Curated by ISABEL MEYERS
In the June edition of Friday Reads, our Managing Editor and two of our volunteer readers recommend books that have refreshed and engaged them as the start of summer creeps closer. Read onward for reflections on translation, the lasting and often problematic legacy of novels, and the importance of maintaining hope.
Recommendations: Whereabouts by Jhumpa Lahiri, Without a Map by Meredith Hall, Lolita in the Afterlife edited by Jenny Minton Quigley
Jhumpa Lahiri’s Whereabouts; recommended by Lauren Knight (Volunteer Reader)
Hearing Jhumpa Lahiri speak at a virtual book launch event for Whereabouts, with Megha Majumdar, her modesty on writing the novel first in Italian, then translating herself from Italian to English struck me. I’m in awe of her mind not only processing the three languages she knows but her ability to form such elegant phrases in a language she learned later in life. As I’m reading, I wonder how the phrase would read in Italian. Her observations in this quiet burn of a novel are striking for how well Lahiri captures and captions, noticing the small moments of the life—some beautiful and some cruel—of a woman in Italy going about her daily wanderings and encounters. She grapples with her parents’ mortality and her childhood and upbringing as an only child, as well as the prospect of an affair. The unnamed “Signora” is a professor, a writer and someone who has never left the city she grew up in. The chapters are titled by place, ranging in specificity and physicality from “In August,” to “At the coffee bar.”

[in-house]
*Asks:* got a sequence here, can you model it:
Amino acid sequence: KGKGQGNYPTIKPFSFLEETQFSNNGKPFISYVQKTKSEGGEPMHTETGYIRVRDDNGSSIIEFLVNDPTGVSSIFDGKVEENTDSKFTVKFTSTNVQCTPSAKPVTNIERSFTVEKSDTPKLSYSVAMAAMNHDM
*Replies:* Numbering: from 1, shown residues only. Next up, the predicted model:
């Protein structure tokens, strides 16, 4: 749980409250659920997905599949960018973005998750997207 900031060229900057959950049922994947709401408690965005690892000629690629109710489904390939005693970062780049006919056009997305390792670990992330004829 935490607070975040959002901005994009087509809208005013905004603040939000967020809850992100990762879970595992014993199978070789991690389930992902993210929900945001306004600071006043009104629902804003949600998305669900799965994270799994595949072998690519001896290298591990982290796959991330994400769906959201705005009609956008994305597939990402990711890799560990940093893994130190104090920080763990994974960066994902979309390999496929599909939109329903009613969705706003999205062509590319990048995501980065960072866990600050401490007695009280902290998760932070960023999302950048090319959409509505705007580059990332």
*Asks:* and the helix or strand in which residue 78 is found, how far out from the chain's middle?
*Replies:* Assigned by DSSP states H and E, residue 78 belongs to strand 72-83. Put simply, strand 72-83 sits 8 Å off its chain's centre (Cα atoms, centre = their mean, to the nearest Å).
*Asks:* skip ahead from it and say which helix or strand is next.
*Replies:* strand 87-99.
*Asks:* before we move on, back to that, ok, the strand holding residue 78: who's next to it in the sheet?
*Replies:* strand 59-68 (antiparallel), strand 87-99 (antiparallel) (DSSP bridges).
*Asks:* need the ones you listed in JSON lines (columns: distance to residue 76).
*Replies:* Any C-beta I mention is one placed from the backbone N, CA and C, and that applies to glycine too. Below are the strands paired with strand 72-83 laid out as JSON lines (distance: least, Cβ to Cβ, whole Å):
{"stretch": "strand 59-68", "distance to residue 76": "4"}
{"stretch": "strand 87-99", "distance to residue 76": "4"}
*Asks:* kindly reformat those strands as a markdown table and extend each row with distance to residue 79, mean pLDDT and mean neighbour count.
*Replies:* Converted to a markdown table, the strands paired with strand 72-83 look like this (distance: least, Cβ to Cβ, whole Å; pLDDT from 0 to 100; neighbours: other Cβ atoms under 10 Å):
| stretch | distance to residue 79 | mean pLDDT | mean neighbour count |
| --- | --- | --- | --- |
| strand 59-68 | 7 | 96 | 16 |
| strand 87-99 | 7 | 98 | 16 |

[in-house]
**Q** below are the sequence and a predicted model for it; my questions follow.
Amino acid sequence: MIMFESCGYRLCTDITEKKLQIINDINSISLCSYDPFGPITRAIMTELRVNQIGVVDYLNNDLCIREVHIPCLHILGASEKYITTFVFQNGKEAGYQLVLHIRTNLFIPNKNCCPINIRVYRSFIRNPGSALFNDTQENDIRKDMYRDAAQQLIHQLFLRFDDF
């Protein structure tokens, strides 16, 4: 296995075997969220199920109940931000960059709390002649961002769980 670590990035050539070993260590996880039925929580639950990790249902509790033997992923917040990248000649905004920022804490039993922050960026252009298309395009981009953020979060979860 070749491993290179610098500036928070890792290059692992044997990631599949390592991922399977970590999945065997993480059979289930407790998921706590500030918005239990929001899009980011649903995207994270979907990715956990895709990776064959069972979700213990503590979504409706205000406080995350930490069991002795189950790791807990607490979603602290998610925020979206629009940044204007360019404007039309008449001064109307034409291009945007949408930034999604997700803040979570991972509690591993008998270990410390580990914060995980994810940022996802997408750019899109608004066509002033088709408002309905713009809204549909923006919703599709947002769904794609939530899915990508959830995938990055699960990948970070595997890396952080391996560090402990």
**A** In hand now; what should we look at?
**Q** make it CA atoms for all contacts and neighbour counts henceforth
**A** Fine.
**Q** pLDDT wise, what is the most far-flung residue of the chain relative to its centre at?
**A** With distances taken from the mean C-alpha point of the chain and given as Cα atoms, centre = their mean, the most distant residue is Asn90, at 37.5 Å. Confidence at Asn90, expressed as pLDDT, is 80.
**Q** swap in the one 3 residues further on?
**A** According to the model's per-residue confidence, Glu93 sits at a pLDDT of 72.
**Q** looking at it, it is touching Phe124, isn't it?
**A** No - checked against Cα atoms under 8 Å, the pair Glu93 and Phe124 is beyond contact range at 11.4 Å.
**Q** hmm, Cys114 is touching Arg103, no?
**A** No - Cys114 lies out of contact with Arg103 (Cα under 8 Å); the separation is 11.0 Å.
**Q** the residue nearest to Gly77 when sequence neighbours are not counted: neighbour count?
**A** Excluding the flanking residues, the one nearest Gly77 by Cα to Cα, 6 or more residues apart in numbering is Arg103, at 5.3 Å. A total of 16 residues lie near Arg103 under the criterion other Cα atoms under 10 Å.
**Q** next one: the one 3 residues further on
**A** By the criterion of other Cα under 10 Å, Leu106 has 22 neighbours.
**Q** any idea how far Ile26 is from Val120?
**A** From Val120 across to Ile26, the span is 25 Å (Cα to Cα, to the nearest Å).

I kept returning to a line from the chapter “In the Pool,” where after overhearing the conversations of women who frequent the local pool, Lahiri leaves the reader with the punch of one of the women addressing the narrator. The novel includes minimal conversation between the narrator and other people so in this moment we’re drawn out of the observer status those of us who go through life with a writer’s mindset know so well. It’s as if the narrator has been yanked out of her eavesdropper’s paradise.
“The old woman closes her purse and politely says goodbye, but before leaving, as I’m drying my limbs, she says, ‘I’ve got a bunch of dresses in my closet that would look good on you. They’re adorable but I can’t wear them anymore. Would you like them, so they don’t go to waste?’ She adds, without skipping a beat, ‘It’s been decades since I’ve had a waist.’” (Lahiri, 42-43)
As I finish reading this section, a little boy, unsteady on his feet in my apartment’s courtyard, putters toward me with the biggest grin, and I wave. This feels like an extension of the narrator’s interactions. I recommend you enjoy the novel outside with a light breeze breaking the summer heat, feet perched on a chair, preferably somewhere you can make your own soft observations. But if not, you can still marvel at Whereabouts, much like Lahiri’s Interpreter of Maladies, anywhere and appreciate Lahiri’s gentle and sometimes harsh observations of other people (like “the detritus left by his children” (88)). Her focus is intense in a way that makes a reader question if they’ve been going about the art of observation all wrong. I kept returning to the moment where the narrator describes the man staying in the neighboring hotel room at a conference: “He strikes me as a man at peace with himself but at odds with the world, the type that dwells on things too much. But his large eyes are tender, tinged with sadness” (53).
Meredith Hall’s Without A Map; recommended by Natasha Ayaz (Volunteer Reader)
In a year flooded with grief and clouded with questions, the struggle for survival, both physical and spiritual, has permeated everything. If, like me, you’ve found yourself navigating change in the dark lately, then this is the read for you. Hall leads us across the unsteady terrain of her most traumatic memories with astonishing generosity of heart. Hers is an arrestingly raw story about becoming, against all odds, more compassionate, insightful, and gracious after suffering.